3. Churches can meet the needs of their congregations with high impact using low-tech methods. Another important opportunity for the Church to stand up for the Church has emerged from the pattern of social distancing.
The Church has returned to services that can be achieved through high-tech, low-tech methods to meet the needs of people in their congregations.
Churches have distributed food and meals to needy households, helped the elderly with errands, sent care packages to people in their neighborhoods, asked church people to call other members of the Church, and offered counseling and other forms of help to hurt people online.
The current emphasis on using technology for communication has also helped the churches use other, more personal means to connect with people.
Features of the church The church
There are some key features of the Church that are difficult to achieve effectively online, especially in the long run. Despite all of the circumstances in culture, the Church must show these vital characteristics in order to really be the Church.
It is clear from the Bible that the following functions can only really be fulfilled if the Church gathers in community.
1. Teach. Church service was probably the simplest function to perform online.
Pastors moved into free auditoriums or empty offices to record or stream their weekend news to a waiting audience of church members and others who watch on social media platforms or websites.
Of course, the Church's teaching service is of paramount importance. Ephesians 4: 11-16 understand that God's goal for his people is to grow towards spiritual maturity. In fact, the core of the scriptures is to help believers grow in Christ (2 Timothy 3: 16-17).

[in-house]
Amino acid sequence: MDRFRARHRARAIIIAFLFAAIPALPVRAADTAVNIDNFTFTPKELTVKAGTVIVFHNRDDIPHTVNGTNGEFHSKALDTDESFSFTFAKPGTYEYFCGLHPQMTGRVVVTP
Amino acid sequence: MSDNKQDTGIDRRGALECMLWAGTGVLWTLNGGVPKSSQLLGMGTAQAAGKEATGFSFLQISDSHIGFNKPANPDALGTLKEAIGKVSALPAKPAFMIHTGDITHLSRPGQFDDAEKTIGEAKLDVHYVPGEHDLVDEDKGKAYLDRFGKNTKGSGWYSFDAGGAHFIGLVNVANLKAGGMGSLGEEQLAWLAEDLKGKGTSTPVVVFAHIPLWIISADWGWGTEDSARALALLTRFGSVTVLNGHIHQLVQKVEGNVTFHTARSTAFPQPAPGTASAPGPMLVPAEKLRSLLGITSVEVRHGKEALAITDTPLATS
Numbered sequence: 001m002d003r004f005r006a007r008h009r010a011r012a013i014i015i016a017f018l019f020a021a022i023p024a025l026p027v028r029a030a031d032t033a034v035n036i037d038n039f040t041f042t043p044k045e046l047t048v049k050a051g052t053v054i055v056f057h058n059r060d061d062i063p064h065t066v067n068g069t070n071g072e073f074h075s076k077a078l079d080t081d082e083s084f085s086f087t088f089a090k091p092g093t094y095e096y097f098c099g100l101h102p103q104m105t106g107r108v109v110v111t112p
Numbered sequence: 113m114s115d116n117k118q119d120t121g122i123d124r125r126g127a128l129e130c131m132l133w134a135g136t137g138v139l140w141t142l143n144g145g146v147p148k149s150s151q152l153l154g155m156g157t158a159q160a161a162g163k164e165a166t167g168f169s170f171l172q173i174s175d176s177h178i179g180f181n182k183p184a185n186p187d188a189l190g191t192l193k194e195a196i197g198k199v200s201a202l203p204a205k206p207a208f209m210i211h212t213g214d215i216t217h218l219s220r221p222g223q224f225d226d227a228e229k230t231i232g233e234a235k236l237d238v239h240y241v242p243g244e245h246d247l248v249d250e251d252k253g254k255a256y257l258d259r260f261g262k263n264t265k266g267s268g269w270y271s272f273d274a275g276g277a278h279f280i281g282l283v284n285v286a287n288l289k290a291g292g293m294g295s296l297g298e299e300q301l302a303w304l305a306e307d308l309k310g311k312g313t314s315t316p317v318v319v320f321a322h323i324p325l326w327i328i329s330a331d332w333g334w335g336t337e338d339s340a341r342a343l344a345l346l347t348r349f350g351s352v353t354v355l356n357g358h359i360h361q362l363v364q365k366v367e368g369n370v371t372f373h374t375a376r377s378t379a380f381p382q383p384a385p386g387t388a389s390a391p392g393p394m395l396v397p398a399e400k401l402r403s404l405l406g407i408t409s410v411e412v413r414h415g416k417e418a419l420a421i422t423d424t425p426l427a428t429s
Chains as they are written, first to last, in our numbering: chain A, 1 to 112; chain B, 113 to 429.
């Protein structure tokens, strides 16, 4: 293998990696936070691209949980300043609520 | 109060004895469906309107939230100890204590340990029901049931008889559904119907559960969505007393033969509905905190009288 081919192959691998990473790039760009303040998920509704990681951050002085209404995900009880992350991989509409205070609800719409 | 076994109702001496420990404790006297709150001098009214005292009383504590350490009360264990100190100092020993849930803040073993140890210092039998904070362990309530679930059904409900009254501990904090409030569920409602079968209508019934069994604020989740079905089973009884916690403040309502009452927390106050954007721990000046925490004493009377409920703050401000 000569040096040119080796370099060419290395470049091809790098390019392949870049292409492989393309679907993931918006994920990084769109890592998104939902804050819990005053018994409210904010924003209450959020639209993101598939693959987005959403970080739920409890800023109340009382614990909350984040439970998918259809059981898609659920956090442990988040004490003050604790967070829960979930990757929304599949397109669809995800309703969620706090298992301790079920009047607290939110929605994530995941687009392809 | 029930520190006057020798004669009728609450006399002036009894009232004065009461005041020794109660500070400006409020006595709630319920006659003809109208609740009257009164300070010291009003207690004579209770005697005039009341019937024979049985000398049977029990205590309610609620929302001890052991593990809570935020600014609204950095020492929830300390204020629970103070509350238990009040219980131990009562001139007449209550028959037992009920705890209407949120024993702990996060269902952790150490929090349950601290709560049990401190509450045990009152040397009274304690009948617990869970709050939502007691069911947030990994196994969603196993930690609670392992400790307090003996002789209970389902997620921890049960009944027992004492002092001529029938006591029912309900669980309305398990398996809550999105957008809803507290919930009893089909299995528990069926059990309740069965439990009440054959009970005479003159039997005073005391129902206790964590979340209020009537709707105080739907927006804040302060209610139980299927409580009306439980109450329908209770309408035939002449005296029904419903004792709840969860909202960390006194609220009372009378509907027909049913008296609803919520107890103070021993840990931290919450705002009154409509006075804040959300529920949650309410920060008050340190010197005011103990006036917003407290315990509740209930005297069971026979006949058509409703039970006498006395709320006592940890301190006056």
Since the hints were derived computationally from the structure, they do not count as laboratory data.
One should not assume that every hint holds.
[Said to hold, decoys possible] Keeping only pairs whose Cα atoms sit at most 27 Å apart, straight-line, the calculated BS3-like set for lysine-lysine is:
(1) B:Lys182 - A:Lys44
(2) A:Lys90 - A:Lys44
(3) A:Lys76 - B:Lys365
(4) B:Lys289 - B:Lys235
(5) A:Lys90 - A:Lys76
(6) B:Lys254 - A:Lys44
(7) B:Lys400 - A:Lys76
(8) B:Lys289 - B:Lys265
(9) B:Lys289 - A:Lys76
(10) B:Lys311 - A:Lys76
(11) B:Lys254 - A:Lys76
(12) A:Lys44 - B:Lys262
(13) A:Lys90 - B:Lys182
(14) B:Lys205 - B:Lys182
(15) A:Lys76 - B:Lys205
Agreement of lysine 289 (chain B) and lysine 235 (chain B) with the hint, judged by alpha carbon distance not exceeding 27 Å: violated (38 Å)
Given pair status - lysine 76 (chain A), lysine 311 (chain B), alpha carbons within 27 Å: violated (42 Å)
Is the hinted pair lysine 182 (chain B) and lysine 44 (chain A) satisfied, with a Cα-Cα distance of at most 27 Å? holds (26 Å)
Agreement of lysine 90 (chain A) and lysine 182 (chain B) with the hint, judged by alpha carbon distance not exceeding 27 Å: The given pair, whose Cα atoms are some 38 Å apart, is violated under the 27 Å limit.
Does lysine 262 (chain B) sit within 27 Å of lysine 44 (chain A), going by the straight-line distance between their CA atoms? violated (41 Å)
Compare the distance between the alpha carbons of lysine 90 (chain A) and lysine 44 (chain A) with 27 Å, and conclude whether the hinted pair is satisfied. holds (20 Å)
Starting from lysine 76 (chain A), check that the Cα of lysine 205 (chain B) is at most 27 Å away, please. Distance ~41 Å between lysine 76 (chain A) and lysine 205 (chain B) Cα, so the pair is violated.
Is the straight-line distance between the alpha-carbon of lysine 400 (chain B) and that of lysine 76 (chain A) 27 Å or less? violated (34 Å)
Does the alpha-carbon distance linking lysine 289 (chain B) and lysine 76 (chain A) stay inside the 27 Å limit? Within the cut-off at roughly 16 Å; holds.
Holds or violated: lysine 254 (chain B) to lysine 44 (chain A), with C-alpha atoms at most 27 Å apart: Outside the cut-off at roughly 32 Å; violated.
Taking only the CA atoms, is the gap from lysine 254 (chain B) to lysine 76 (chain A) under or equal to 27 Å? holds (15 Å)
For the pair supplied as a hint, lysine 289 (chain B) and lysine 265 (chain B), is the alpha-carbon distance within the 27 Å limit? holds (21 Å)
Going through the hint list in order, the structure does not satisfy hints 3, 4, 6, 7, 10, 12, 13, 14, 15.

Perhaps other Church teaching services (such as children's classes and adult Bible scholarships) have suffered somewhat in the days of social distancing. Pastors and other church leaders need to consider how to restart these programs once the days of isolation with the corona virus are over.
2. Worship. One of the things that many believers missed immensely during the pandemic was the practice of uniting with others in musical worship. Many churches have acquired the license required for their worship teams to legally play music online.
However, this is not tantamount to combining voices with others for lively and meaningful worship. Verses such as Ephesians 5:19 and Colossians 3:16 teach that musical service between believers ("speaking to one another") with Christ as the center of worship ("making melody in your heart to the Lord") was and is imperative for the Church .
3. Community. Meeting other believers has always been one of the main characteristics of the Church (Hebrews 10:25; 1 Corinthians 11: 17-34). God designed His followers to need fellowship with other believers in the local church.
This was a major dilemma in a world where the churches had not physically met in one place for several weeks. God's people have to connect. Both peer ministry and intergenerational relationships are critical to the Church. These human connections can hardly be carried out on the Internet.
4. Service. COVID-19 has virtually closed a variety of local church services. While some programs have continued online, other service options have been literally discontinued. Churches can offer virtual Bible studies, but it is much more difficult to mobilize people to serve the Lord and serve others unless there is a physical connection.
Passages such as Romans 12: 3-8 and 1 Corinthians 12 emphasize the importance of God's people using their God-given spiritual gifts in certain areas of ministry, most of which are very difficult to reach without coming together .